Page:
IOM run camps in Bosnia: Structural violence is not an incident
We demand transparency in the work of international organizations and an immediate switch to the practices of care and justice!
Since 2018, when the first “temporary reception center” run by the IOM and financed by large from the EU, was established in Bosnia and Herzegovina, people placed in camps have been trying to draw the attention of the public. They have been united in saying that living conditions have been below any standards. At the same time, IOM representatives, as well as the EU, have been repeating that the centers have been built in accordance with the “European standards”. However, they have never told us what these standards are.
At the moment, camp Blažuj near Sarajevo is the biggest concentration camp in BiH with over 3.200 people ‘housed’ inside. The conditions are precarious. No hot water, food is only basic, it is overcrowded, no heating, many people have scabies, every illness is treated with paracetamol and brufen (DRC responsibility). A similar precarious situation is in another camp near Sarajevo, Ušivak.
People in Sarajevo are receiving everyday pleas for help from the people in the camps. They ask for food, clothes, hygiene supplies, even baby diapers. Tensions are high and occur in daily conflicts. Additionally, the part of the staff in centers is rude, unprofessional, abusive, and often disrespectful towards the people. Local police enter the camps, and the surrounding area, often using methods that should be scrutinized.
Therefore, we must ask: Do mass, overcrowded camps represent the “European standard” of living? Is the absence of basic living conditions like hot water and heating, the absence of medical care and treatment, the absence of regular diet and widespread hunger, the absence of human care and compassion the “European standard”? Are mass camps soon becoming new mass graves, as a result of the European living standard in question?
The atmosphere of tension culminated in Blažuj on the evening of January 20th, when a huge fight broke inside the camp. Another one. Each time it is bigger and bigger. IOM cannot negate this as we all saw the fire a few nights ago, which was the result of one such fight. Those who are running camp do not have the knowledge, or willingness, to deal with tensions, meaning to provide more psychological support than security, better conditions, and activities that would make people at least feel human. Instead of that, the IOM and others have decided to limit media access, and to monitor contacts ‘residents’ have with people outside of the camp and the media, often punishing those who are found to communicate with people outside and accused of sending true information about the conditions in the camp (that should be public anyway). Those who do that are often punished with retaliation, expulsion, or even detention inside the special area in the camps, but also in official detention centers in Bosnia, where with no trials or delivered sentences people are kept sometimes for months.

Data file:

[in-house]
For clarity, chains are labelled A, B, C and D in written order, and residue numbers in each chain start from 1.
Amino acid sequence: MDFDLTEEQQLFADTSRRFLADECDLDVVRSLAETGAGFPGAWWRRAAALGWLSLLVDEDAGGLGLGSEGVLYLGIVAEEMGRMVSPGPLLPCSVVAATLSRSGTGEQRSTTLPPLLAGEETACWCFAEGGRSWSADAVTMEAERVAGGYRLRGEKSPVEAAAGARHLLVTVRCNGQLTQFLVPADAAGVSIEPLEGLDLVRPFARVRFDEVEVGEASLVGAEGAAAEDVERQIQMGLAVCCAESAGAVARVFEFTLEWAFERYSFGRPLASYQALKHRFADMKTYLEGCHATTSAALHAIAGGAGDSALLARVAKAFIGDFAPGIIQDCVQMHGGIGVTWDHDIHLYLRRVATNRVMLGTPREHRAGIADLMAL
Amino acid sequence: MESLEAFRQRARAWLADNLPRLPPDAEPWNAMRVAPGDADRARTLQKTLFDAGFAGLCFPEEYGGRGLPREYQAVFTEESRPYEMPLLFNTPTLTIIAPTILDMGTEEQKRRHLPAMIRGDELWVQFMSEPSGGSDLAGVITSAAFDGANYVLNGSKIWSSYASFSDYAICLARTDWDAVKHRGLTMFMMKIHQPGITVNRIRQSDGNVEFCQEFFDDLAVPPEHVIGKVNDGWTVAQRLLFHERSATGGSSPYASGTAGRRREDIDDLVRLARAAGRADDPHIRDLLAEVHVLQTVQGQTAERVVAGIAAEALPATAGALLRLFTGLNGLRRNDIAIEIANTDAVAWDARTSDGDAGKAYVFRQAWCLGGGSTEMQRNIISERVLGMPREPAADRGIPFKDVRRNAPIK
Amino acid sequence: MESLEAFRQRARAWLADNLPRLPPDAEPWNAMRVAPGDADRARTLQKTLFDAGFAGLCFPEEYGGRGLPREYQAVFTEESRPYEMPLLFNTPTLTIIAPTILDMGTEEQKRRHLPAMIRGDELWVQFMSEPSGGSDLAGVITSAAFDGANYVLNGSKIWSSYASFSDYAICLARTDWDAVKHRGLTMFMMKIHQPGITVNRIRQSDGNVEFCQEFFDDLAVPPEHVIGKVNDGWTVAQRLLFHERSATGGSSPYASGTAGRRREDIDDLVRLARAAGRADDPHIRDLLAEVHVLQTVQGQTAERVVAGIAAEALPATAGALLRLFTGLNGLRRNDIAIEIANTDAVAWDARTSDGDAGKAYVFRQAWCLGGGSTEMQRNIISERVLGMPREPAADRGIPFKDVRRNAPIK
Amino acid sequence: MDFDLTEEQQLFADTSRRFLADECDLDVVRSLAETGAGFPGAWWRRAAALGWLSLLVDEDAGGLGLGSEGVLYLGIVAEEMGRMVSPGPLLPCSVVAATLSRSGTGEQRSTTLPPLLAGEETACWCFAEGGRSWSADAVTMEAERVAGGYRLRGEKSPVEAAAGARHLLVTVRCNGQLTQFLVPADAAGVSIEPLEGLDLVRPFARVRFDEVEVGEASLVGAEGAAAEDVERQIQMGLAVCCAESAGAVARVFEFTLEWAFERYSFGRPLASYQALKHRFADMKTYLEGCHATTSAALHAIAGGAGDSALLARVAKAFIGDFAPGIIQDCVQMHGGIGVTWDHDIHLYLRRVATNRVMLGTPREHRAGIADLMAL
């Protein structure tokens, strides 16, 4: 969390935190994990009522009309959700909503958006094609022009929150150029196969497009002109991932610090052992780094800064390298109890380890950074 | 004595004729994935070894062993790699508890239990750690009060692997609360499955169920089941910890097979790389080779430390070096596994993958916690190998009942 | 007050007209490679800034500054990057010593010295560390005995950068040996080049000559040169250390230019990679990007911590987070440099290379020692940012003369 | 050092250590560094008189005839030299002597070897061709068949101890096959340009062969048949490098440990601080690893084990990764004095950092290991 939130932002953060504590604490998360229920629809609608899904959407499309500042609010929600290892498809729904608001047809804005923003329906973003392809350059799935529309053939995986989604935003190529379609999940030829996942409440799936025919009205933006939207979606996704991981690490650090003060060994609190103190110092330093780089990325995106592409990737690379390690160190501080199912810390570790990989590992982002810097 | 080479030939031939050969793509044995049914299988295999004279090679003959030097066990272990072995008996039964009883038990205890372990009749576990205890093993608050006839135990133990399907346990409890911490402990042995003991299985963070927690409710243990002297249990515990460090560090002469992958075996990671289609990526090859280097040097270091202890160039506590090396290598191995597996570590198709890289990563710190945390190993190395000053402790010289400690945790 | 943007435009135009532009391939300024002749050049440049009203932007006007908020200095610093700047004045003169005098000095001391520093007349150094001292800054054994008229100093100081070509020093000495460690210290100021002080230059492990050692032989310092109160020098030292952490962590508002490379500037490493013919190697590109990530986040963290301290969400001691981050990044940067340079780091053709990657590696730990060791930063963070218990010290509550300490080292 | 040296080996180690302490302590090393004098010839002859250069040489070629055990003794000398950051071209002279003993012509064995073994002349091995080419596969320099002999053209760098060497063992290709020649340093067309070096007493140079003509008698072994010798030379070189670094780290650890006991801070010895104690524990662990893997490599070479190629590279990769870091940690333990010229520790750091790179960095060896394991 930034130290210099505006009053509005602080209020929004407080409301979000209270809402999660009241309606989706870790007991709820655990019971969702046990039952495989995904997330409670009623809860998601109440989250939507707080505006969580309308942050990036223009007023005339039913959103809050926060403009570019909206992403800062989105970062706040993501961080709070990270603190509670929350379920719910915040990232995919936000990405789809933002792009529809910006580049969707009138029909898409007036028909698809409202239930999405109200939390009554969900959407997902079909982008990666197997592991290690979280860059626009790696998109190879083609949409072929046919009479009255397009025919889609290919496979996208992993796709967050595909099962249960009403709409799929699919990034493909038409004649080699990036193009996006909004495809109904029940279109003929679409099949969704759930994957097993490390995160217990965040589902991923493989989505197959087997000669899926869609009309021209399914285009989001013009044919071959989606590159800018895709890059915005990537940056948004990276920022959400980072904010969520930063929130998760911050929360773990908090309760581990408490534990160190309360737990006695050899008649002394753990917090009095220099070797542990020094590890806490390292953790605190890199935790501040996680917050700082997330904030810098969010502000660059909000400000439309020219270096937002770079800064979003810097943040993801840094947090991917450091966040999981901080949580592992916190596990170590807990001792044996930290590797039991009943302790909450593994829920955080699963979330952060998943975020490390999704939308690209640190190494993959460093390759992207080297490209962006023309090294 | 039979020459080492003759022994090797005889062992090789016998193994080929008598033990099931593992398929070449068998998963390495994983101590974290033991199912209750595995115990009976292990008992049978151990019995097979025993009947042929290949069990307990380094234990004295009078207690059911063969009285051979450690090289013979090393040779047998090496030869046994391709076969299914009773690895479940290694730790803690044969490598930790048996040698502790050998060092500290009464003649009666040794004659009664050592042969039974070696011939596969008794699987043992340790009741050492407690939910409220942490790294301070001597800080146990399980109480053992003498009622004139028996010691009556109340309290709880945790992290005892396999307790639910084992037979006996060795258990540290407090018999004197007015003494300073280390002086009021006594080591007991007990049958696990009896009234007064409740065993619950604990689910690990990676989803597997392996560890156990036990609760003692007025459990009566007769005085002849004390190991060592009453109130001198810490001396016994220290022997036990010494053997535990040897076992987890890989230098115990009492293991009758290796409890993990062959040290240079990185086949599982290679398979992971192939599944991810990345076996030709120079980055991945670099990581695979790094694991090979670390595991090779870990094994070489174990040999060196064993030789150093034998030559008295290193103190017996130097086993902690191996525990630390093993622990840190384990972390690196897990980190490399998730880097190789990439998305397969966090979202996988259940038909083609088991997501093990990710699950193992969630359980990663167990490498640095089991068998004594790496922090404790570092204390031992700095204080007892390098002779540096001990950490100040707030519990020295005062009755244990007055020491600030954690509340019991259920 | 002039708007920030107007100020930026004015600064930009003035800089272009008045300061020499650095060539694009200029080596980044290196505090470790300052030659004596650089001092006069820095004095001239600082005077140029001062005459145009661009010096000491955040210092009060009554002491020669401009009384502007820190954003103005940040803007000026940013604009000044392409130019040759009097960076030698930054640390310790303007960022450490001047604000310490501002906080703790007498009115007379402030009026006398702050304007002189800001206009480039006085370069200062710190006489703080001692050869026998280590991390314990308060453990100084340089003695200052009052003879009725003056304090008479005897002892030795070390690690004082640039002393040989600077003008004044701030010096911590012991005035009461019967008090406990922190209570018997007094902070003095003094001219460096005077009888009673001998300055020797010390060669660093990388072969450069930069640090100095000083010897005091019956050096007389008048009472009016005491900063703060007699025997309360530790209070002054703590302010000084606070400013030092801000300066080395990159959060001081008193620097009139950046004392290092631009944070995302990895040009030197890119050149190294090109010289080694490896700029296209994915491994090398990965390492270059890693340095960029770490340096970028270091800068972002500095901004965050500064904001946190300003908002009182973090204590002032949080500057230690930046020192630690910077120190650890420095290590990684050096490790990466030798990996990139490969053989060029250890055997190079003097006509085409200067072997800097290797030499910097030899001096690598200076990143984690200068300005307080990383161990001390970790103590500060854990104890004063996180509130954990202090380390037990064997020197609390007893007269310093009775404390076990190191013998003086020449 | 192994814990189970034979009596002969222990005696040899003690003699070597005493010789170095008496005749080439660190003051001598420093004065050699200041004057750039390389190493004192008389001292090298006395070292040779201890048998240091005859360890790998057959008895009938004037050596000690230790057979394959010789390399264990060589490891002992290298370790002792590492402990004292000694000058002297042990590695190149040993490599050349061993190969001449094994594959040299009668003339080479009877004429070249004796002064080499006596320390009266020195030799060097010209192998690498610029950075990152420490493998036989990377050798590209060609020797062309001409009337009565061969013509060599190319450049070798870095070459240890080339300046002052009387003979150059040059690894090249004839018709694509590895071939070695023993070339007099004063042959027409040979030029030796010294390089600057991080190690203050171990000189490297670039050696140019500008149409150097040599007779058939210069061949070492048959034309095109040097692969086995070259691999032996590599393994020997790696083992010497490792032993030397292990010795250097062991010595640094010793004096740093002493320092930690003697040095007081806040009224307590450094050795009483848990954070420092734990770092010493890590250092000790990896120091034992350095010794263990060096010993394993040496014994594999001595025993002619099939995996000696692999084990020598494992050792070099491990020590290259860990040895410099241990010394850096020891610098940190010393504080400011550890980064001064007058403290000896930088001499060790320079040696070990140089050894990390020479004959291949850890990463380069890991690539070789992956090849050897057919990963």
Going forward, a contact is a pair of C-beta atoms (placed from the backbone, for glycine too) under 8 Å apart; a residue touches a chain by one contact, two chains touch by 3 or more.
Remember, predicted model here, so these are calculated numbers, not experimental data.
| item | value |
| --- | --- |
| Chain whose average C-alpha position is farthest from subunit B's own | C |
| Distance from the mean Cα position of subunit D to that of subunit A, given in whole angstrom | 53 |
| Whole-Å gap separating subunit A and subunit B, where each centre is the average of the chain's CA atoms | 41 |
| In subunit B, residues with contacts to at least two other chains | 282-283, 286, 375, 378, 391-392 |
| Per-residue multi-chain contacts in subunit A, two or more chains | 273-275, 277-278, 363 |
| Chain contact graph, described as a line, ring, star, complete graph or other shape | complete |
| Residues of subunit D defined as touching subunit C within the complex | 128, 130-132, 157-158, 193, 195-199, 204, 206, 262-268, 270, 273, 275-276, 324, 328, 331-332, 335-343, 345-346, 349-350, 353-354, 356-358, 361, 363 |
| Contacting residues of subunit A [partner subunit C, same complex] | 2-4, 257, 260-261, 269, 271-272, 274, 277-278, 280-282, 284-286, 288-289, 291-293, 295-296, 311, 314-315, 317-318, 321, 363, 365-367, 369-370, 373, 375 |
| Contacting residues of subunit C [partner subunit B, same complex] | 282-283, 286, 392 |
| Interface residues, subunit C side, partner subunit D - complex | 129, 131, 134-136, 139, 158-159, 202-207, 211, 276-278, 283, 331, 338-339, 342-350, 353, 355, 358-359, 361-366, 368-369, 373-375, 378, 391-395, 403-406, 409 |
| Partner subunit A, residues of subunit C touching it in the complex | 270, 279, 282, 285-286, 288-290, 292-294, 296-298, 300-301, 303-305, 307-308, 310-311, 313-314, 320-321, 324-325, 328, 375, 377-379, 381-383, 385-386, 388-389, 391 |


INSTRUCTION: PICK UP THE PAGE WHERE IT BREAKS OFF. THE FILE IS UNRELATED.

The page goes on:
In the end, the media, IOM, and authorities put the perpetual blame on people on the move, demonizing and criminalizing them in order to justify their own (wrong) doings and (mis)handlings.
We ask for transparency in the work of international organizations, and an immediate switch to the practices of care and justice. People in Bosnia, but also many other countries in a similar situation, have been asking for this for decades, with little success, while witnessing what could be described as very problematic behaviour of the personnel and leaders of the international organizations (e.g. during the war, especially in so called “safe zones”, or after the war when the UN personnel was involved in human trafficking).
- unlimited media access to the camps
– freedom of speech for people inside the camps
- utter protection from all kinds of violence
– access to nutritive food, hot and drinking water, hygienic care, medical treatments, mental health support
– end to the police, military, and security guards’ violence.
No more structural violence.
No more mass camps.
No more (mass) graves.